Explain that Peter used this occasion to teach the people about Jesus Christ, who had recently been condemned to death by His own people but had overcome death through His Resurrection.

Invite a student to read Acts 3:17–21 aloud, including the Joseph Smith Translation changes for verses 17 (see footnote a) and 20 (see footnote b). Ask the class to follow along, looking for Peter’s invitation to the people.

  • What did Peter invite the people to do?

To help students understand Peter’s message, point out that Peter was speaking to the people who had called for or consented to the Crucifixion of Jesus Christ (see Acts 3:14–15). Invite a student to read aloud the following statement by the Prophet Joseph Smith:

Prophet Joseph Smith

“[Peter] did not say to them, ‘Repent and be baptized, for the remission of your sins;’ but he said, ‘Repent ye therefore, and be converted, that your sins may be blotted out, when the times of refreshing shall come from the presence of the Lord.’ [Acts 3:19.]

“… They could not be baptized for the remission of sins for they had shed innocent blood” (in History of the Church, 6:253).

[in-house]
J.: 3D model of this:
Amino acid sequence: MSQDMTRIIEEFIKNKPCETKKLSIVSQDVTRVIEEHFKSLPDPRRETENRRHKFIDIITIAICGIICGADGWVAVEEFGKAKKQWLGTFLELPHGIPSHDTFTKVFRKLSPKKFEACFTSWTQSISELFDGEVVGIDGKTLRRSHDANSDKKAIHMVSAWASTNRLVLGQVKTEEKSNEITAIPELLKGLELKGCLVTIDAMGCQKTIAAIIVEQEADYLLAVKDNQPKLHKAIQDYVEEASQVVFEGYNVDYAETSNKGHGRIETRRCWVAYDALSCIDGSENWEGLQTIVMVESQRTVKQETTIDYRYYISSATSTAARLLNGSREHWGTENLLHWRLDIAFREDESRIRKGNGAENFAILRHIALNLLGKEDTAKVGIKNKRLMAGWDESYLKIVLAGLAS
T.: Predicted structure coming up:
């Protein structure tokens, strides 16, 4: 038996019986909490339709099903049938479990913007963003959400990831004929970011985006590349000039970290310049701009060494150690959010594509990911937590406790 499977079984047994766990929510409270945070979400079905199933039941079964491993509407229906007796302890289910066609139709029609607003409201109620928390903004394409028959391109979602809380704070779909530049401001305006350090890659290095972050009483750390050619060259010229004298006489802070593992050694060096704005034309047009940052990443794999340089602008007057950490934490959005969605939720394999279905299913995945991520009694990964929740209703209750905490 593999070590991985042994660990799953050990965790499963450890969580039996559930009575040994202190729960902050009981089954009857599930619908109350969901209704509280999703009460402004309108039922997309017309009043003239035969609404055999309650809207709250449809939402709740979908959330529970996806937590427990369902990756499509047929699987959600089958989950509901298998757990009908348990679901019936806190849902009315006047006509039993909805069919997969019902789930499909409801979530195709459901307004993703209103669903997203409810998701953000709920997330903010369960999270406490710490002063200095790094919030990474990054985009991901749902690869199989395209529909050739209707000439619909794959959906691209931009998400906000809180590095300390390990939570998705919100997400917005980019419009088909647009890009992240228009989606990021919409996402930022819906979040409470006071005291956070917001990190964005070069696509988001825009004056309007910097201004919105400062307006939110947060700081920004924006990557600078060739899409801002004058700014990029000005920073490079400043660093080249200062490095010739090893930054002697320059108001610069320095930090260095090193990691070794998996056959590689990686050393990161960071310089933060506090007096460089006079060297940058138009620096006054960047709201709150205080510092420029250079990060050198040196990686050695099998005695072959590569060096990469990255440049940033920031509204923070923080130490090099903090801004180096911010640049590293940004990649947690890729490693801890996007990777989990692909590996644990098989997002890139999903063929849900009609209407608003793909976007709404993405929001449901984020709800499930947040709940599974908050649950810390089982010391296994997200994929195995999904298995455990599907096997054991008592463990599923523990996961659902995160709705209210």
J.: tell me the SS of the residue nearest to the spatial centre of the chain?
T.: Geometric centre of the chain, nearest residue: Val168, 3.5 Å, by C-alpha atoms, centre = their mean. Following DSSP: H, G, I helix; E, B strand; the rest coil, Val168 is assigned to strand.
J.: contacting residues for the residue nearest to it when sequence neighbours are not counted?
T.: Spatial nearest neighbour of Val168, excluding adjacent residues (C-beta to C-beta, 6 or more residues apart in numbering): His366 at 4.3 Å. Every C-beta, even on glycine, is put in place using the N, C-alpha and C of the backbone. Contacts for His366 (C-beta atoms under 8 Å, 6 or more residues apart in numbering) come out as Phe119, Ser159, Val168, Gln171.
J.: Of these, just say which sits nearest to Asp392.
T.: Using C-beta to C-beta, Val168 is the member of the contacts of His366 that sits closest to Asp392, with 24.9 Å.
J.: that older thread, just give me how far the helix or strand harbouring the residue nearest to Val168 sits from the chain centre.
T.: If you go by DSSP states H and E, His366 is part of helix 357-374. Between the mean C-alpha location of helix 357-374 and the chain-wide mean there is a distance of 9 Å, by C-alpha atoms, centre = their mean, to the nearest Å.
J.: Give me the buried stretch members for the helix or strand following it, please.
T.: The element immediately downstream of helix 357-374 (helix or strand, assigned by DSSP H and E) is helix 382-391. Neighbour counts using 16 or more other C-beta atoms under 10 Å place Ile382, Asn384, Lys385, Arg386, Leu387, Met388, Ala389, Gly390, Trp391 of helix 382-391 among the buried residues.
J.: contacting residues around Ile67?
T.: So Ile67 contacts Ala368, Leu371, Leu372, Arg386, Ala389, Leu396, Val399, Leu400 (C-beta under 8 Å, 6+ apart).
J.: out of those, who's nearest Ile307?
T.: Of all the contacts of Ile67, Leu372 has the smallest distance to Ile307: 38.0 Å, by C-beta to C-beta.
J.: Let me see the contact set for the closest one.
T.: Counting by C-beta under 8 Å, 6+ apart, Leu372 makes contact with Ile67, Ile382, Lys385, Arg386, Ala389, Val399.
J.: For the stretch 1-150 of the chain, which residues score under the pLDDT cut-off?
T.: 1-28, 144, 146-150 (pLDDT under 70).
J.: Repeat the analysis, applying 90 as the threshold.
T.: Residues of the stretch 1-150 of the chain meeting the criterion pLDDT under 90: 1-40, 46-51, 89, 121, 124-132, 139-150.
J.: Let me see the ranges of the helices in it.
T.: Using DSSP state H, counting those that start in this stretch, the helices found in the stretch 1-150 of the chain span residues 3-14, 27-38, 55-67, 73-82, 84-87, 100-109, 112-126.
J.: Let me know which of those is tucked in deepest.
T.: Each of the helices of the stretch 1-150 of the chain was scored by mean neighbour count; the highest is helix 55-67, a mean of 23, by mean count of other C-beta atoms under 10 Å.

Point out the phrase “when the times of refreshing shall come from the presence of the Lord; and he shall send Jesus Christ” (verses 19–20).

  • What do you think this phrase refers to?

Invite a student to read aloud the following statement by Elder Bruce R. McConkie of the Quorum of the Twelve Apostles:

Elder Bruce R. McConkie

“This designated period, this times of refreshing, is to take place at the second coming of the Son of Man, in the day when the Lord sends Christ again to earth.

“… It is the day when ‘the earth will be renewed and receive its paradisiacal glory.’ (Tenth Article of Faith.) It is the day of the ‘new earth’ that Isaiah saw (Isa. 65:17), the earth which will prevail when wickedness ceases, when the millennial era is ushered in” (in Conference Report, Oct. 1967, 43).